We talk about the cordless jobsite pretty frequently. When it comes to the corded vs cordless tools question—can battery truly render the cord obsolete? The math doesn’t add up, right? Actually, it does.
As manufacturers push into more powerful cordless tools, the concept of switching out your corded tools without power trade-offs is compelling. What’s more, these new cordless (battery-powered) tools are even encroaching on gas-powered equipment!
Table of Contents
- You Have to Do the Math
- How Corded Tools vs Cordless Tools Use Current
- Why Can’t You Just Make a 120V Battery?
- Three Things Coming in the Future for Corded vs Cordless Tools
- Taking on Even Larger Equipment
- Final Thoughts
You Have to Do the Math
We had to stop and think when asked how can cordless tools replace corded tools? The math didn’t—at first glance—seem to add up. The initial question came through on our Milwaukee RedLithium High Output Battery article, and it’s a really good one. Here’s the rationale:
120 volts x 15 amps = 1800 total watts
18 volts x 15 amps = 270 total watts
36 volts x 15 amps = 540 total watts
…and we can keep going, of course. Any cordless tool producing 15 amps can’t possibly be as powerful as a 15-amp corded model. There must be something more.
There is—and we see it with both automotive and marine batteries. These often produce over 1000 cranking amps from a 12V product! In reality, they can technically produce these amps with just 7.2 volts!
How Corded Tools vs Cordless Tools Use Current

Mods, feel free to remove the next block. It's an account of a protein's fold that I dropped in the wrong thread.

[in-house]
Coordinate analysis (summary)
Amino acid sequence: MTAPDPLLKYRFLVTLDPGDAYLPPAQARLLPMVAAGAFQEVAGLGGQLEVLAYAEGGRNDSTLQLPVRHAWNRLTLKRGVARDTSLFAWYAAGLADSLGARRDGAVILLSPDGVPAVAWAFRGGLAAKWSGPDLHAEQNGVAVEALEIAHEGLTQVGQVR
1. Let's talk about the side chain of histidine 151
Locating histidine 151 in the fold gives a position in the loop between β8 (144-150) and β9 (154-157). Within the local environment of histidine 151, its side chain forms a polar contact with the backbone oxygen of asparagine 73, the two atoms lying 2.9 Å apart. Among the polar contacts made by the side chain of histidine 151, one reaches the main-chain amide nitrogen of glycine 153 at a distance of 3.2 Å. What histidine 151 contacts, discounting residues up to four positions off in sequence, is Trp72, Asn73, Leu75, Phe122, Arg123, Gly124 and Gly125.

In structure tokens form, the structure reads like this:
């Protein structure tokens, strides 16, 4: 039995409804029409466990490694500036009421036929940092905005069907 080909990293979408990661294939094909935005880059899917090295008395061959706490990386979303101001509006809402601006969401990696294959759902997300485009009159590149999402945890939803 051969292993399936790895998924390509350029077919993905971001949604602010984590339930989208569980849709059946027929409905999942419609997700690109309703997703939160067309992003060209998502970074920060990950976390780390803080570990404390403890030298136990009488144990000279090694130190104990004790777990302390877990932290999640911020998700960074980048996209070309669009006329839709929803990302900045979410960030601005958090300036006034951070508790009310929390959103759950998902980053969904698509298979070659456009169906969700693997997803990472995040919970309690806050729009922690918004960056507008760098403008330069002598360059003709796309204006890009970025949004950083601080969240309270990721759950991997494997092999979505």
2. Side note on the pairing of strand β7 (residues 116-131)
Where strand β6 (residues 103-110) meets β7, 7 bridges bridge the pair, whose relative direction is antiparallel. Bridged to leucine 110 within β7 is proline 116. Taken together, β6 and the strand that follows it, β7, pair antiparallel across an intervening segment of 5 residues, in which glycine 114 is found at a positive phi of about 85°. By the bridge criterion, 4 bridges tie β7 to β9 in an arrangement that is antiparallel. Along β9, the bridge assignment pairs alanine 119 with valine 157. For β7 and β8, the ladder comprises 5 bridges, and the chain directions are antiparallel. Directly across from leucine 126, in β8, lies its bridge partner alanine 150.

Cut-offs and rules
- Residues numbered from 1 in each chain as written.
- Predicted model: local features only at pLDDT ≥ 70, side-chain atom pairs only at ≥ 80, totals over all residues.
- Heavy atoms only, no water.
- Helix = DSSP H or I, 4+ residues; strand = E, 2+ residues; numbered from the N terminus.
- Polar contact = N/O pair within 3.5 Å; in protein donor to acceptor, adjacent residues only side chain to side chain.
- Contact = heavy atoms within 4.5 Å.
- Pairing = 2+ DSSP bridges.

So how can cordless tools replace corded tools and have the same power capabilities? They use or produce more current. Much more, in fact. Running as many as 100 amps to power a tool seems awfully high, but that’s exactly what’s going on in these batteries.
18 volts x 100 amps = 1800 total watts
Notice that as you increase the voltage, the extra current you need comes down.
36 volts x 50 amps = 1800 watts
In order for the battery pack to only provide 15 amps of current to match what you get out of the wall, it would also have to be wired for 120 volts (DC). We realize you can make a lot of additional corrections and statements about how exactly current works in batteries—but our example should suffice for helping you understand the basics. Check out this white paper from Sila if you want to go into more depth.
Why Can’t You Just Make a 120V Battery?
Keep in mind that many manufacturers list a “Max voltage“, which is the voltage at the pack’s highest charge state. It quickly drops ~10% down to its “nominal” voltage where it operates most of the time. So, you’re looking at a tool that would be 133V Max to match the 120V coming out of your wall.
In case it comes up on Final Jeopardy, that would be sets of 37 18650 cells!